Identification of tissue of origin in body fluid specimens using a gene expression microarray assay

Department of Pathology and Laboratory Medicine, The Methodist Hospital, Houston, Texas 77030, USA.
Cancer Cytopathology (Impact Factor: 3.35). 02/2012; 120(1):62-70. DOI: 10.1002/cncy.20167
Source: PubMed


Body fluid specimens may be the first and only pathologic specimen for clinical evaluation in metastatic cancer cases. The challenge of identifying the tissue of origin in metastatic cancer has led to the emergence of molecular-based assays, such as the microarray-based Pathwork Tissue of Origin gene expression test. The ability to use body fluid specimens in this test would be valuable in providing diagnoses to cancer patients without clearly identifiable primary sites. In the current study, the authors evaluated the Tissue of Origin Test for use with malignant effusion specimens.
A total of 27 metastasis-positive body fluid specimens from different body sites, including pleural, ascites, pericardial, and pelvic wash fluids, were obtained from patients with known diagnoses. Nine specimens from nonmalignant body fluids were included as controls. RNA was extracted from formalin-fixed, paraffin-embedded (FFPE) tissue and gene expression analysis was performed with the Tissue of Origin Test.
Seventeen of 27 metastasis-positive samples were non-necrotic with ≥60% tumor and yielded sufficient RNA. Of these samples, 94.1% (16 of 17) were in agreement with the available diagnosis. Of the 9 negative control samples evaluated, 7 (77.8%) demonstrated microarray expression profiles most similar to lymphoma, which is consistent with the predominance of inflammatory cells in these specimens.
The results of the current study demonstrated that FFPE cell blocks from cytologic body fluid specimens yield adequate diagnostic material for the Pathwork test and can be used in the workup of patients with unknown primary tumors.

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Available from: Federico Alberto Monzon, Oct 09, 2014
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    • "[54] that demonstrated that FFPE samples can be used to reveal the ToO of metastatic cancer by using miRNA expression profile and suggested that this approach could provide useful indications for CUPs. It has also been documented that Pathwork test can be adequately performed on FFPE cell blocks from cytologic body fluid specimens material and can be used in the identification of ToO in case of metastases of unknown primary [55]. In all the reported works, authors argue that the availability of ToO holds promise for the increasing individualization of therapy for CUP patients [20]. "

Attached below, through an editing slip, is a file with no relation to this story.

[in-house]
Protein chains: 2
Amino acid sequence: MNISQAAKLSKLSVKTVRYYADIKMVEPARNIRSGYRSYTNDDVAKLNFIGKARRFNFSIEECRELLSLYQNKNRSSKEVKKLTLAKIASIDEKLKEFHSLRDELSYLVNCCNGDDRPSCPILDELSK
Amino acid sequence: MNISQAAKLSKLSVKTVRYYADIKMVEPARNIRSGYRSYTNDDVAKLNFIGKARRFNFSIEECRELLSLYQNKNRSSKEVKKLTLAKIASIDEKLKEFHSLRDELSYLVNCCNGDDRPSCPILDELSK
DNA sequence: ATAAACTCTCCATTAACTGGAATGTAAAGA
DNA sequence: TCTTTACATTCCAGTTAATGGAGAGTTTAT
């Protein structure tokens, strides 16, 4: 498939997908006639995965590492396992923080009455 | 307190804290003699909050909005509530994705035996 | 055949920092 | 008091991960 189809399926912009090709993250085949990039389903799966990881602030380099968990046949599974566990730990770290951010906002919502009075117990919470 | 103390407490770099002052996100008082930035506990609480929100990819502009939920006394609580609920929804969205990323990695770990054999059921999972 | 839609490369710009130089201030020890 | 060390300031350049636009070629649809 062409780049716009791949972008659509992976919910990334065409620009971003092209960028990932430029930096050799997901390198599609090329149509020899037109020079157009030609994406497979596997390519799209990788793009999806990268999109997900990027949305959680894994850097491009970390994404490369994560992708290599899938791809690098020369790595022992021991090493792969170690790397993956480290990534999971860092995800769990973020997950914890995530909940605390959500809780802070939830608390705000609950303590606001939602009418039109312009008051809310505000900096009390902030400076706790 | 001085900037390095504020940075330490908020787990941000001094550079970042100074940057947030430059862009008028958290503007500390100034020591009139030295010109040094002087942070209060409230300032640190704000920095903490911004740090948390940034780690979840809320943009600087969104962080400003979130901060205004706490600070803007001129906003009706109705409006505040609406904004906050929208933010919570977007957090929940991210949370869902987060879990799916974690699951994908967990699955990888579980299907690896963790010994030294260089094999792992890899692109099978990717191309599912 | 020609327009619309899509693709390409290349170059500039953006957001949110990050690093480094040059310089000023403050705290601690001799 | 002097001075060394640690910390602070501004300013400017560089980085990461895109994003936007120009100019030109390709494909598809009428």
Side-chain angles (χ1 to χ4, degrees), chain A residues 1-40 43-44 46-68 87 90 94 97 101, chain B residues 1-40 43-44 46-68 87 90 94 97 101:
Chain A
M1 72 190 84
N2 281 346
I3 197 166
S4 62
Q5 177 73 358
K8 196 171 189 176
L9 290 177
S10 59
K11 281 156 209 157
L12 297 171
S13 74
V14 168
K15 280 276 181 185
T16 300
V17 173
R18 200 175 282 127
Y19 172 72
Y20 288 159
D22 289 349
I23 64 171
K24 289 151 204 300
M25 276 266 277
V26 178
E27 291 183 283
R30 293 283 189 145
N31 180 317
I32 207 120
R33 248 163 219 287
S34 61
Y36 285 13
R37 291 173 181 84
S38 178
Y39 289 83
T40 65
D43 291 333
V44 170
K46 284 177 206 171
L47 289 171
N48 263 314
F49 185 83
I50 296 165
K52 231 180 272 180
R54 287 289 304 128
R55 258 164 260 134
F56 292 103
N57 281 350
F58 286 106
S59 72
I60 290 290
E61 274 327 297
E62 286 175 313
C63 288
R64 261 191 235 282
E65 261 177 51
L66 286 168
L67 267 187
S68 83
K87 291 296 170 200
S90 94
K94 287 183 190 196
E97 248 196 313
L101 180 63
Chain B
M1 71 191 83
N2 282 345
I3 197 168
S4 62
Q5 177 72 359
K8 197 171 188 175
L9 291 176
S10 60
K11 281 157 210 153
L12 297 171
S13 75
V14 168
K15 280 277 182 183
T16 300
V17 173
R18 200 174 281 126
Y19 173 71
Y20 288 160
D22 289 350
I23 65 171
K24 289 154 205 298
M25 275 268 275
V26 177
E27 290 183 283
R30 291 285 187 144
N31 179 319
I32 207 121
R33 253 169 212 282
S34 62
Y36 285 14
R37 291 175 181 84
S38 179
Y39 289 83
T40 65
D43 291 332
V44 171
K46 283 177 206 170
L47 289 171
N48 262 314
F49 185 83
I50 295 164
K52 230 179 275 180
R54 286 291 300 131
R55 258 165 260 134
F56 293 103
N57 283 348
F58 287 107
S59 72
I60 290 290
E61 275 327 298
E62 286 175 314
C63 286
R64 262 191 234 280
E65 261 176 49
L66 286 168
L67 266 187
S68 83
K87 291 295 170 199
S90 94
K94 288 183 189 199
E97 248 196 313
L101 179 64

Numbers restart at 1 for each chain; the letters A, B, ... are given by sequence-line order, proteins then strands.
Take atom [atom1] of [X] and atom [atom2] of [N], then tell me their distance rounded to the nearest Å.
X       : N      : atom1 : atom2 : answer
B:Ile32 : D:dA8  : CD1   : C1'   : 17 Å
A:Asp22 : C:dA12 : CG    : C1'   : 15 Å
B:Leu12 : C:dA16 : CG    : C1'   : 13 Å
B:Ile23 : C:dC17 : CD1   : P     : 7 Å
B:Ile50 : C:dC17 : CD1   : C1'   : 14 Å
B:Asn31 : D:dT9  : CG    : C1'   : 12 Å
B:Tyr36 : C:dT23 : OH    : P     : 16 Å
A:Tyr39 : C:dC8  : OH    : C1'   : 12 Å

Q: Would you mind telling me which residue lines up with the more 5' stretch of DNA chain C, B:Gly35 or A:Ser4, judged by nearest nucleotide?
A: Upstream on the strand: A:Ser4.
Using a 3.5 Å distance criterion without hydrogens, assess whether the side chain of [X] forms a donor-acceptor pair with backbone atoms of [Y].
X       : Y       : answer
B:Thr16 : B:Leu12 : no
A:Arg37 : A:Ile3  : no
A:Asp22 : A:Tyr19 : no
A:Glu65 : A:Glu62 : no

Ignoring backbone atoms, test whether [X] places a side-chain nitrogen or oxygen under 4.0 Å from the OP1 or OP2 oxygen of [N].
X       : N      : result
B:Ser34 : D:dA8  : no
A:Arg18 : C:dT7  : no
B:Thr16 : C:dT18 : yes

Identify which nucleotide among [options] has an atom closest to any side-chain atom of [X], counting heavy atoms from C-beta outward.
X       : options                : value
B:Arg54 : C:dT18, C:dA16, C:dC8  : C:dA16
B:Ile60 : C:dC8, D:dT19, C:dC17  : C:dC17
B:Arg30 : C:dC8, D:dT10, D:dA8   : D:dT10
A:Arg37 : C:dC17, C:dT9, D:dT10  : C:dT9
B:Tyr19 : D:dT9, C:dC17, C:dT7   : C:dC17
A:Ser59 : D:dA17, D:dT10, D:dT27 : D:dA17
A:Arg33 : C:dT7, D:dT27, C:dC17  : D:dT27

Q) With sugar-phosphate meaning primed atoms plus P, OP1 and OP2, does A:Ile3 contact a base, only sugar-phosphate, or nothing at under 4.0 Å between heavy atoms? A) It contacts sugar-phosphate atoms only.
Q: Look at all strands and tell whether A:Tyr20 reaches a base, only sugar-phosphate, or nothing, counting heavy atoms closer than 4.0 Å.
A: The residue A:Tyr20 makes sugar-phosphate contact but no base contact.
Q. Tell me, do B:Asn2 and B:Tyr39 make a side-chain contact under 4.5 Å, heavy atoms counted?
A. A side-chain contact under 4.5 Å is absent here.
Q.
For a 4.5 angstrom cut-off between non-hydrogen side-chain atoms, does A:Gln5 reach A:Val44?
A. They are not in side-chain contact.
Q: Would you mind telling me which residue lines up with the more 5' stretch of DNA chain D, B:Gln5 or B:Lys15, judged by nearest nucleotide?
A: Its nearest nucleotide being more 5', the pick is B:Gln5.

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    ABSTRACT: It is widely accepted that systemic neoplastic spread is a late event in tumour progression. However, sometimes, rapidly invasive cancers are diagnosed because of appearance of metastatic lesions in absence of a clearly detectable primary mass. This kind of disease is referred to as cancer of unknown primary (CUP) origin and accounts for 3-5% of all cancer diagnosis. There is poor consensus on the extent of diagnostic and pathologic evaluations required for these enigmatic cases which still lack effective treatment. Although technology to predict the primary tumour site of origin is improving rapidly, the key issue is concerning the biology which drives early occult metastatic spreading. This review provides the state of the art about clinical and therapeutic management of this malignant syndrome; main interest is addressed to the most recent improvements in CUP molecular biology and pathology, which will lead to successful tailored therapeutic options.
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    ABSTRACT: Accurate tumor classification is essential for cancer management as patient outcomes improve with use of site- and subtype-specific therapies. Current clinicopathologic evaluation is varied in approach, yet standardized diagnoses are critical for determining therapy. While gene expression-based cancer classifiers may potentially meet this need, imperative to determining their application to patient care is validation in rigorously designed studies. Here, we examined the performance of a 92-gene molecular classifier in a large multi-institution cohort. Case selection incorporated specimens from more than 50 subtypes, including a range of tumor grades, metastatic and primary tumors, and limited tissue samples. Formalin-fixed, paraffin-embedded tumors passed pathologist-adjudicated review between three institutions. Tumor classification using a 92-gene quantitative reverse transcriptase polymerase chain reaction (RT-PCR) assay was conducted on blinded tumor sections from 790 cases and compared with adjudicated diagnoses. The 92-gene assay showed overall sensitivities of 87% for tumor type [95% confidence interval (CI), 84-89] and 82% for subtype (95% CI, 79-85). Analyses of metastatic tumors, high-grade tumors, or cases with limited tissue showed no decrease in comparative performance (P = 0.16, 0.58, and 0.16). High specificity (96%-100%) was showed for ruling in a primary tumor in organs commonly harboring metastases. The assay incorrectly excluded the adjudicated diagnosis in 5% of cases. The 92-gene assay showed strong performance for accurate molecular classification of a diverse set of tumor histologies. Results support potential use of the assay as a standardized molecular adjunct to routine clinicopathologic evaluation for tumor classification and primary site diagnosis.
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